Pola or Bail Pola is celebrated on the new moon day (Pithori Amavasya) of the Shravan month (usually falls in August) to pay respect to bulls for their year long hard work, as India is mostly an agricultural country. The festival is very important for the farmers. On the day of Pola, farmers take their bulls to the river and clean them thoroughly. They then decorate them by painting their horns, putting decorative shawls on their body, ornaments on their horn and flower garlands around their neck. The bulls are then taken in a joyous procession accompanied by music and dancing. Villages have fairs, competitions to celebrate this festival.


Third day of the month of Bhadrapada (usually comes around August/September) is celebrated as Hartalika in honor of Harita Gauri or the green and golden goddess of harvests and prosperity. A lavishly decorated form of Parvati, Gauri is venerated as the mother of Ganesha. Women fast on this day and worship Shiva and Parvati in the evening with green leaves. Women wear green bangles and green clothes and stay awake till midnight.


Ganesh Chaturthi

Fourth day of Bhadrapada is celebrated with tremendous enthusiasm as Ganesh Chaturthi on the in honor of Lord Ganesha, the God of wisdom. Almost every household in the state installs Ganesha idols, made out of mud and painted in water colours, at home. Early morning on this day, the clay idols of Ganesha are brought home while chanting Ganpati Bappa Morya and installed on the decorated platforms. During India's independence struggle, Lokmanya Tilak turned this festival into a public event and united people towards a common goal of throwing British colonizers out of India. The festival is still celebrated as public and private event. The festival lasts for 10 days with various cultural programmes like music concerts, orchestra, plays and skits. Some social activities are also undertaken during this period like blood donation, scholarships for the needy or donation to the people suffering from any kind of natural calamity.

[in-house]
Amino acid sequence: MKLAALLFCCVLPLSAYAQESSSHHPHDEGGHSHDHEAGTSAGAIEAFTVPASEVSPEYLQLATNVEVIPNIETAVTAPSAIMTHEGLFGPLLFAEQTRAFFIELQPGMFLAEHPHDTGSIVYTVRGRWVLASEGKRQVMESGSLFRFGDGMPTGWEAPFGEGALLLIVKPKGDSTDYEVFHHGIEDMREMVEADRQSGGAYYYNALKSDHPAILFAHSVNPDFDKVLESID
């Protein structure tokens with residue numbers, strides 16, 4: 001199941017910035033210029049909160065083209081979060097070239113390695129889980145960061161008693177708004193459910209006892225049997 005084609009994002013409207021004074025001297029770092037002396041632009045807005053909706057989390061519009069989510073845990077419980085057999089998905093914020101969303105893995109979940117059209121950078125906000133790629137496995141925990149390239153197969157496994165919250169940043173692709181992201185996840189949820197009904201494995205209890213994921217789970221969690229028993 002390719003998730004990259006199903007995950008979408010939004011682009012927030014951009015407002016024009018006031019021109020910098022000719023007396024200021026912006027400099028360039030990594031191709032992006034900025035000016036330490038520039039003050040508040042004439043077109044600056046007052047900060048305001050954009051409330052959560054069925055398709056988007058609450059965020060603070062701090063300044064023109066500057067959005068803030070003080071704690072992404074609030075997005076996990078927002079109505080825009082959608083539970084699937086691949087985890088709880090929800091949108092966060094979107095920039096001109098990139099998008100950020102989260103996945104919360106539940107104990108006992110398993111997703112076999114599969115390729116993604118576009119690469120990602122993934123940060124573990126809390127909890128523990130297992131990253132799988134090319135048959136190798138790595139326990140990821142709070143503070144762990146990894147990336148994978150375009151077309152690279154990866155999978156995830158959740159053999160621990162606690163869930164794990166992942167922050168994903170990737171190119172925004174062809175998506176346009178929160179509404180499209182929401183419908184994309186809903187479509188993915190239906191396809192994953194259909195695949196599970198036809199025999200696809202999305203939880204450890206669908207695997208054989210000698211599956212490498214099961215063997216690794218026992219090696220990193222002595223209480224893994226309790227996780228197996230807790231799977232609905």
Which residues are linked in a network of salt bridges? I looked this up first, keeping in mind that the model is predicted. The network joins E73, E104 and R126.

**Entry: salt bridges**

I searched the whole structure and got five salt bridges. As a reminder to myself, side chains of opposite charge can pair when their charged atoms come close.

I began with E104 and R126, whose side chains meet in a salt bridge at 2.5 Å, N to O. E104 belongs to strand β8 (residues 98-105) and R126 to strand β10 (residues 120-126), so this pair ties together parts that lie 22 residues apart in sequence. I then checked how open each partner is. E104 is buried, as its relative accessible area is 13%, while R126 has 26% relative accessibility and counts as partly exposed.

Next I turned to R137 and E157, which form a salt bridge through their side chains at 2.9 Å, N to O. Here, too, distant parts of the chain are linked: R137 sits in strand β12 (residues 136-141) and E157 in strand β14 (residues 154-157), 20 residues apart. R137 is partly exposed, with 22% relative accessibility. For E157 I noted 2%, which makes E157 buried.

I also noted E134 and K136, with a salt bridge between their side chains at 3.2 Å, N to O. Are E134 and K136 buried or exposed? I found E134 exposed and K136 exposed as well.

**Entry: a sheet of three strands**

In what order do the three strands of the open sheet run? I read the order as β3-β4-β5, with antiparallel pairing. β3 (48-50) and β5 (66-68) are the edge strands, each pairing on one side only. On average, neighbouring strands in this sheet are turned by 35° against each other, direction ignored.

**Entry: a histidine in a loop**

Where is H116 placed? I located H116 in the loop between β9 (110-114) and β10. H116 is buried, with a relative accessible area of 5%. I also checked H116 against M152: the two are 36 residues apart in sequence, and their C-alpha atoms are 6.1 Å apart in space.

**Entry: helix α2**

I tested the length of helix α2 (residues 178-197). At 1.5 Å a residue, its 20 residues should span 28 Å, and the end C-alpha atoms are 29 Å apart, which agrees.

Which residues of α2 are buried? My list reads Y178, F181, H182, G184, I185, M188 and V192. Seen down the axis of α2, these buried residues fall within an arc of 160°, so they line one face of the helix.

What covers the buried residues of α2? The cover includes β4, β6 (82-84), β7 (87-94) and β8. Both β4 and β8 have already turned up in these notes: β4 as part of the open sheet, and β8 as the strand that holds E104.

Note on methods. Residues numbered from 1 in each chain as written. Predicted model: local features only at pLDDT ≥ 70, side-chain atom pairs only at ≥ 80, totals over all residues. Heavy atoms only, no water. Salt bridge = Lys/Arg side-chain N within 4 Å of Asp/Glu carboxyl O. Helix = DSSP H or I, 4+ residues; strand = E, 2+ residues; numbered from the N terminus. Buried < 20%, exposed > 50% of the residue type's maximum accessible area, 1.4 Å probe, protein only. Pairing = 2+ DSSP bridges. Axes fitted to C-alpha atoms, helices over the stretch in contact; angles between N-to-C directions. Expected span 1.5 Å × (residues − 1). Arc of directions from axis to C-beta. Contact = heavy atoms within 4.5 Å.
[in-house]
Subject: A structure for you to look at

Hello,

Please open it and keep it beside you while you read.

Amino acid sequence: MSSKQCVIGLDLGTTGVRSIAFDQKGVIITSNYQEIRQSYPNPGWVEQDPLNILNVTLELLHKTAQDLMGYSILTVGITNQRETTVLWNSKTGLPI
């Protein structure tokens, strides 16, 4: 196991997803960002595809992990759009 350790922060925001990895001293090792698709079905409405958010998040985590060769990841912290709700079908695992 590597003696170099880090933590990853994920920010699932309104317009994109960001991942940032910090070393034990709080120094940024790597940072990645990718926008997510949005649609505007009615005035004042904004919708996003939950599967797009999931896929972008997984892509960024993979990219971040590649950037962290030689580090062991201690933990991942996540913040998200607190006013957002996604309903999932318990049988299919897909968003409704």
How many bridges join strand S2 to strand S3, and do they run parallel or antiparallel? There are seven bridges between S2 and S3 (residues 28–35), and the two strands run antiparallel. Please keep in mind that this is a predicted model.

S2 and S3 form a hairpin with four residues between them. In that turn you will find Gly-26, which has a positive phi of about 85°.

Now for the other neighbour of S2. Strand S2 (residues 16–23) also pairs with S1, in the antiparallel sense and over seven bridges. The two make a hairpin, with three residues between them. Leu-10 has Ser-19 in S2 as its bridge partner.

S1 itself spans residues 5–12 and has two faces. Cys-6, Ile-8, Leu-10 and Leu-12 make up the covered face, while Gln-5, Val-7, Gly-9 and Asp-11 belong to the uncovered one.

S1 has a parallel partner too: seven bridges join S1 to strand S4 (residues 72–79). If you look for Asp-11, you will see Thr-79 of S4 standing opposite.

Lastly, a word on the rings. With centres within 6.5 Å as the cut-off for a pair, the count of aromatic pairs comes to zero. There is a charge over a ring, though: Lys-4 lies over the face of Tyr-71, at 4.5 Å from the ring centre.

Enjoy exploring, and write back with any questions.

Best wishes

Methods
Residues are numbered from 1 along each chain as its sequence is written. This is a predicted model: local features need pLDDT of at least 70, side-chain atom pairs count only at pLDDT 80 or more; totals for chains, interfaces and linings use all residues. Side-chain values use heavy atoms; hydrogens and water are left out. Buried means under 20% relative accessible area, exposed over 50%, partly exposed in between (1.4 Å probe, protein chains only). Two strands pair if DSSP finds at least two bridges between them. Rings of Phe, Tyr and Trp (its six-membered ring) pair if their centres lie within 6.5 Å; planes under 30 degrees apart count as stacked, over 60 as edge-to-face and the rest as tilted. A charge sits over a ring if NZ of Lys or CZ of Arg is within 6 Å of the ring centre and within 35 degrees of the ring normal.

Gauri / Mahalakshmi

Along with Ganesha, Gauri (also known as Mahalaxmi in Vidharbha region of Maharashtra) festival is celebrated with lot of festivities in Maharashtra. This is three-day festival. On the first day, Gauris arrive at home, next day they eat lunch with variety of sweets and on the third day they return to their home. Gauris arrive in a pair, one as Jyeshta (the Elder one) and another as Kanishta (the Younger one). They are treated with lots of love since they represent the daughters arriving at their parents' place.

In many parts of Maharashtra including Marathwada & Vidarbha this festival is called Mahalakshmi or Mahalakshmya or simply Lakshmya.

Anant Chaturdashi

11th day of Ganesh festival (14th day of the month Bhadrapada) is celebrated as Anant Chaturdashi which marks the end of the Ganesh festival. People bid tearful farewell to the God by immersing the installed idols from home / public places in water by chanting 'Ganapati Bappa Morya, pudhchya warshi Lawakar ya!!' (Lord Ganesha, come early next year.) Some people also keep the traditional wow (Vrata) of Ananta Pooja. It is worship of Ananta the coiled snake or Shesha on which lord Vishnu resides. A delicious preparation of 14 vegetables is prepared as naivedyam on this day.


Starting with first day of the month of Ashvin as per Hindu calendar (around month of October), the nine-day and -night festival immediately preceding the most important festival Dasara is celebrated all over India with different traditions. In Maharashtra on the very first day of this 10-day festival, idols of Goddess Durga are installed at many homes. This installation of the Goddess is popularly known as Ghatsthapana. During this period, little girls celebrate 'Bhondla/Hadga' as the Sun moves to the thirteenth constellation of the zodiac called "Hasta" (Elephant). During the nine days, Bhondla (also known as 'Bhulabai' in the Vidarbha region of Maharashtra) is celebrated in the garden or on the terrace during evening hours by inviting female friends of the daughter in the house. An elephant is drawn either with Rangoli on the soil or with a chalk on a slate and kept in the middle. The girls go around it in a circle, holding each other's hands and singing the Bhondla songs. All the Bhondla songs are traditional songs passed down the generations. The last song typically ends with the words '...khirapatila kaay ga?' ('What is the special dish today?'). This 'Khirapat' is a special dish / dishes often made laboriously by the mother of the host girl. The food is served only after the rest of the girls have guessed the covered dish/dishes correctly.